Christian families working together in Holy Land
Recently, Helene Paharik, director of the diocesan Department for Human Dignity, traveled to the Holy Land to visit and pray with Catholic organizations in the region. Following is the third excerpt from her journal describing a day spent in Bethlehem with Hanan Nasrallah of Catholic Relief Services. To learn more about CRS, visit their website at: www.crs.org.
After visiting the glass-making organization in Bethlehem, Hanan took me beyond Manger Square and the Church of the Nativity to a fair-trade organization that produces olive wood rosaries and religious articles. I have purchased and shared hundreds of olive wood rosaries myself over the years, but I had begun to wonder: Is there enough olive wood? Is this craft sustainable? My worries were eased when we walked into a courtyard filled with olive wood branches, the product of annual pruning.
Hanan explained that when the farmers trim their trees every year, this company purchases the wood. Thus, it is a win-win for everyone involved, which is a hallmark of fair trade.
As we followed the olive wood branches through their production cycle, I found that it is a sometimes noisy and dusty journey, but one that ultimately results in transformation. At a small building that opened into the street, three men were working large machines to cut the branches into uniform blocks of wood. Speaking over the din, Hanan pointed out that CRS encourages safety practices such as protective gear for eyes and ears.
In this particular shop, families work together. Husbands traditionally operate the heavy equipment and their wives do the detail work and packaging. Mothers with small children string the rosaries at home if they choose.
I was reminded of Mary and Joseph who each did their part to bring about the birth of Jesus. Today in Bethlehem, Christian families are working together so that you and I can have an olive wood Nativity scene to recall our Savior’s birth there so long ago.
We were hot and tired after touring the fair-trade production sites, so I was glad that it was time for lunch. Hanan invited me to a shwarma restaurant owned by a Christian family.
We ordered our meat-filled wraps, added a few vegetables from the buffet and found a table where we could talk. I asked her about her work with CRS, and she told me that she recently led Cardinal Theodore McCarrick of Washington, D.C., on a tour. She explained that CRS in the Holy Land is working not only on fair trade, but also on food security, peace building, positive civic engagement and development.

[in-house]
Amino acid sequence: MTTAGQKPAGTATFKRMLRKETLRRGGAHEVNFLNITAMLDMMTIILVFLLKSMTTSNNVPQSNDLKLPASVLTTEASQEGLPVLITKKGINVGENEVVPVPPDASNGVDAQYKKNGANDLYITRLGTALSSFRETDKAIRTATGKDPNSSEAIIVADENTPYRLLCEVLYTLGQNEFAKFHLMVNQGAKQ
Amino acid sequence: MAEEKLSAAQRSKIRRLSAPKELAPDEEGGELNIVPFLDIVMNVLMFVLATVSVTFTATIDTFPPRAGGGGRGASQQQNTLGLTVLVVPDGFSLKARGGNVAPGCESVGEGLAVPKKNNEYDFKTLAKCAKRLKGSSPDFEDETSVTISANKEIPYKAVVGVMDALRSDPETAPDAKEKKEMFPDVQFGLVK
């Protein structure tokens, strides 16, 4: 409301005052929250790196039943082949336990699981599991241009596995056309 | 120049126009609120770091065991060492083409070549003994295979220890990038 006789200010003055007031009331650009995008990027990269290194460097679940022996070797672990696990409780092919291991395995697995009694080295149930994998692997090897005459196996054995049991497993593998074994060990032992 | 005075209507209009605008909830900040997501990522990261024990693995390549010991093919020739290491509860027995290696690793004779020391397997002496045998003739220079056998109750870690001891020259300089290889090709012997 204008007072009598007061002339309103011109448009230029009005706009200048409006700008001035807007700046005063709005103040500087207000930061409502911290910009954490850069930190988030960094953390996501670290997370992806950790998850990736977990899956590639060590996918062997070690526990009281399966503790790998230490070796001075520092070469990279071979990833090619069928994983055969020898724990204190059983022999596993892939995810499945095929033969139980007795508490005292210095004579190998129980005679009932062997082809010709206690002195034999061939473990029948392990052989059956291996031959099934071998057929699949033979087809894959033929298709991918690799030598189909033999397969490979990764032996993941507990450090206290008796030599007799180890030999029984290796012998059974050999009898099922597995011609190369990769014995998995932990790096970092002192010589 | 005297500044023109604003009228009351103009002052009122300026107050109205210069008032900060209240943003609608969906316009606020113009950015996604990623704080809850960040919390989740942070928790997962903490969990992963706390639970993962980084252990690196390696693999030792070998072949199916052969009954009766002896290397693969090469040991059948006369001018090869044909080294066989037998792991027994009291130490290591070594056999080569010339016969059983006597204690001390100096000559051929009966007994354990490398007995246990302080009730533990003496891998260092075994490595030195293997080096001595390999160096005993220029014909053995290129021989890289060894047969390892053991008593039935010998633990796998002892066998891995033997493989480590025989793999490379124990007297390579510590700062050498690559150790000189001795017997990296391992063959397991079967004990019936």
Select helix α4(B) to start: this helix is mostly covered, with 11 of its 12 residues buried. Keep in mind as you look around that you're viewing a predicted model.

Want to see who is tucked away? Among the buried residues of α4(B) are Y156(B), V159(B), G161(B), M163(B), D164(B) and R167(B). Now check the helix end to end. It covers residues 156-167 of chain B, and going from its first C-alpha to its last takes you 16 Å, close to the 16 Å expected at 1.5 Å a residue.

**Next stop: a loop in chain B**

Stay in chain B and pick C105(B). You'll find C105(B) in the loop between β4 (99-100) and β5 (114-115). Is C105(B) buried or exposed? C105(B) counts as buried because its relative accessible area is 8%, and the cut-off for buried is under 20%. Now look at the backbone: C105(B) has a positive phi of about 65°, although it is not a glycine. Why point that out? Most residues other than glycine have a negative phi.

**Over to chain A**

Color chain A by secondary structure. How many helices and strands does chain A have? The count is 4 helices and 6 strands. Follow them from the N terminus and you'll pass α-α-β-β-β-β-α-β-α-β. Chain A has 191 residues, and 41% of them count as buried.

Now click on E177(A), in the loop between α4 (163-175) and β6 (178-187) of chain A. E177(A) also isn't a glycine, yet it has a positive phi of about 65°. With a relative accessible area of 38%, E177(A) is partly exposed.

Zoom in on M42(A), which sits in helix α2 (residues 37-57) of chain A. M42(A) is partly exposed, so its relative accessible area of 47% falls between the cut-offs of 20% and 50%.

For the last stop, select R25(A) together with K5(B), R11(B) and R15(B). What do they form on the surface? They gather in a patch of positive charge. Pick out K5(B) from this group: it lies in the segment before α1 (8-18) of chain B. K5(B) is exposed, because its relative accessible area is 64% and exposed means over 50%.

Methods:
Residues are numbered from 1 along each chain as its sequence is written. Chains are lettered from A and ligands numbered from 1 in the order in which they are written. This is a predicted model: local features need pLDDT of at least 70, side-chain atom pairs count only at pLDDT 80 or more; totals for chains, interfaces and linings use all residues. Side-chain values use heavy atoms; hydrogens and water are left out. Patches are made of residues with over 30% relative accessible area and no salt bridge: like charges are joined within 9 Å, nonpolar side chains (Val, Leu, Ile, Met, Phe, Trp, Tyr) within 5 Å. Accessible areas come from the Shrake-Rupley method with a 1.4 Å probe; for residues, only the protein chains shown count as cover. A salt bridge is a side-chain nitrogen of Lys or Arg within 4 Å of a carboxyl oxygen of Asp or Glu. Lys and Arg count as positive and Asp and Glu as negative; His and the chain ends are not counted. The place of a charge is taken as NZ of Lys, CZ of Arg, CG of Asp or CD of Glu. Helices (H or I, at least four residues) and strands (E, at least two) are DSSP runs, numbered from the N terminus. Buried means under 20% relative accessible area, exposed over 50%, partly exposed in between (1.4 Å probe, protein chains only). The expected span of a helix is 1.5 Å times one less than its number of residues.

While in the region, Cardinal McCarrick also visited CRS projects that provide relief for the victims of the violence in Syria. Since March 2011 through early July 2012, 15,000 lives have been lost there. The U.N. recently reported that at least 500,000 Syrians have fled their homes for the safety of neighboring countries. Hanan told me CRS is providing food, medicine and most of all security to Syrian refugees in Jordan.
“What CRS and our partners need now is medical assistance. We have a staff of about 30 volunteers in northern Jordan assisting Syrian refugees with basic necessities, but now we’re seeing refugee families in need of medical attention,” she said. It is a challenge to bring comfort and hope to such traumatized families.
Hanan also talked about the critical situation in Gaza. More than 75 percent of Gazans are under the age of 25, and the unemployment rate is more than 40 percent. Helping Gaza college graduates to find jobs is one way that CRS is expanding opportunities for desperate young people. Last year in Gaza, CRS placed more than 800 college graduates in professional internships, which led to full-time jobs for many.
Knowing that her heart has been pierced by the ongoing suffering of her people, I asked Hanan what gives her hope. Over the course of many decades, politicians have been incapable of bringing about a just and peaceful resolution. Given the absence of any possibility for a solution on the horizon, it would be understandable if she felt despair.
However, she responded in a way that was reminiscent of Anna and Simeon, who had waited so patiently in the Temple for the coming of the Messiah. Echoing the words of Simeon, she told me that in small places, in the hearts of people, she has discovered goodness and reconciliation. She has seen the dawning of salvation. She gently reminded me that it is a characteristic of Christians to wait in joyful hope.